The Denial of a Human Right: The Inequality of Healthcare
The history of healthcare in the United States is the history of exclusion to medical care due to inequalites, bias, and discrimination based on class, gender, race, ethnicity, and religion. The origins of women’s reproductive healthcare have roots in the history of slavery in this nation, as enslaved Black women on auction blocks, in estate homes, and plantations would endure the violent intrusion of their bodies. The history of "medical care," the treatment and care of people living with disabilities is abhorrent. Women were denied access to healthcare; and often relied on community practitioners for medical advice and care. Immigrant women in urban spaces were not provided adequate healthcare services, as xenophobia influenced “progressive,” reform organizations. At the turn of the century, indigenous women and Mexican women were sterilized while incarcerated. The federal government organized medical experiments, like Tuskegee in which Black men were infected with syphilis. Reports make clear that the Black community distrusts a medical community that has segregated medical care, and disingenuously operated with sub-par standards in the medical care of people of color.
In 1978 Dymally and Mary R. Warner wrote a piece called “Obstacles to Health Care in the Black Community: The Denial of a Human Right.”
Yet, despite its importance, health care has never really gained prominence as one of the key human rights issues. We have tended to cite education, employment, housing, and criminal justice as the “Big Four” issues, while health care has come in a poor fifth--- it that. This fact is curious, at best, since the consequences of deprivation of human rights are manifested in mental and physical health. Conversely, without good health, other rights cannot be exercised and this becomes relatively meaningless. Quality health care therefore, out to be --- and must be --- guaranteed as a basic human right.
Striving toward this goal, Dymally fought for increased representation of Black physicians and medical professionals and improved access to health care in underserved areas like his congressional district. He introduced innovative legislation in 1973 to fund the Charles R. Drew University of Medicine and Science in the Watts area of Los Angeles. The University is now recognized as a minority-serving institution by the U.S. Office for Civil Rights, and a Historically Black Graduate Institution (HBGI) by the Department of Education. Never losing touch with the University, Dymally later served as a professor in the Life Science Institute, as the first Director of the University’s Urban Health Institute, and in 2010 the newly constructed school of nursing was named in his honor.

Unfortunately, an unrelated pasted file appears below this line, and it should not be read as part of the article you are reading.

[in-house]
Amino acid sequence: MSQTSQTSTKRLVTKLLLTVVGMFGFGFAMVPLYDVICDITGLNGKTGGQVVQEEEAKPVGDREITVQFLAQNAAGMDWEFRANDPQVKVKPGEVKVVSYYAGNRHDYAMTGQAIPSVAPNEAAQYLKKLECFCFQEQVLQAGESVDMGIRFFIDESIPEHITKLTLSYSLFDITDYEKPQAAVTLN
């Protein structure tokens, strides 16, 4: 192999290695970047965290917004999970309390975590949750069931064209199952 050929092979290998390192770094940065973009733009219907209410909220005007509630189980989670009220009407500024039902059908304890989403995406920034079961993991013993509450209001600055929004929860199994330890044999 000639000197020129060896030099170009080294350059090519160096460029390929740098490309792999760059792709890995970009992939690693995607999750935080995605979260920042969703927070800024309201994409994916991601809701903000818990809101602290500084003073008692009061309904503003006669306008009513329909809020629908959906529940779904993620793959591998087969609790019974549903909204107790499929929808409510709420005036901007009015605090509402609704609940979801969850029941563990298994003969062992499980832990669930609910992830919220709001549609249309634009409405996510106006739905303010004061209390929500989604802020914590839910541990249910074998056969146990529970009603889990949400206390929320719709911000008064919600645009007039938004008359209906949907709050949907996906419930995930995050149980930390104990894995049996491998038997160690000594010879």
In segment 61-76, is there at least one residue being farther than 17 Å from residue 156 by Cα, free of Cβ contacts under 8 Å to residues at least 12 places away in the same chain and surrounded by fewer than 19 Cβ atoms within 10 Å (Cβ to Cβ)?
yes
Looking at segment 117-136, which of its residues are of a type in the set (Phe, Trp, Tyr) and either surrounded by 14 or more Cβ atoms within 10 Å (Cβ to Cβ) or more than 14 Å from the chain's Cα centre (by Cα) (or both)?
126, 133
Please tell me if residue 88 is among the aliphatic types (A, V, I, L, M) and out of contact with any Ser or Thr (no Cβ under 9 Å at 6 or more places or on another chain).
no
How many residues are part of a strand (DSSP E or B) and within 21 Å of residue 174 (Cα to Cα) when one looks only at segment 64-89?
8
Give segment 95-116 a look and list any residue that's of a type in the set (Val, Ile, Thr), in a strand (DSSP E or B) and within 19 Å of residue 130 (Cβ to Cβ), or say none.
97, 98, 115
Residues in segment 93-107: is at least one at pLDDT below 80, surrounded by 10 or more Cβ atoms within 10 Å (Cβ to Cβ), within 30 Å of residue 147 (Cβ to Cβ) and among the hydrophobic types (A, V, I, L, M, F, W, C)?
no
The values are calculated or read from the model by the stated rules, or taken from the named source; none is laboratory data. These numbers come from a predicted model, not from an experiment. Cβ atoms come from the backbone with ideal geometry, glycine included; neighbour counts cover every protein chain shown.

In a letter written by the Black Medical Students of UCLA to Senator Dymally, they express their concern over the underrepresentation of Blacks and Latinos in the UCLA School of Medicine; as Blacks and Latinos only represent 2% in the program. On 9 March 1970, the students petitioned for a program that would help admit more Black students. Although the petition received over a hundred signatures, the administration did not take steps to address the issues outlined in the petition with recruiting students and the educational disparities that students of color face at UCLA. The most recent data from the American Association of Medical Colleges shows that while some progress has been made since this letter was written, the racial disparity among U.S. doctors continues to be stark. African Americans represent only 6.2% of medical school graduates and 5% of active physicians.
Written by Javier-Zamora Cruz, History 3450, Fall 2020
In 2003, thirty years after passing the legislation to fund Charles Drew, The U.S. Institute of Medicine Committee on Understanding and Eliminating Racial and Ethnic Disparities in Health Care put out a report outlining “Unequal Treatment” in the health system. The report found:
Racial and ethnic disparities in health care exist even when insurance status, income, age, and severity of conditions are comparable, And because death rates from cancer, heart disease, and diabetes are significantly higher in racial and ethnic minorities than in whites, these disparities are unacceptable.
The same year Dymally returned to office in California as a State Assemblyman, serving until 2008. This time, Dymally chaired the Assembly Committee on Health and focused his legislative efforts on HIV/AIDS care for African Americans and elder care abuse, including Assembly Bill 1142. The bill established an initiative coordinating prevention and care in California to address the disproportionate impact of HIV/AIDS on African Americans in the state. Upon leaving the legislature in 2008, he became president of the Central Neighborhood Health Foundation, the same community organization in South Los Angeles that he helped revive in the late 60s with funding from the legislature.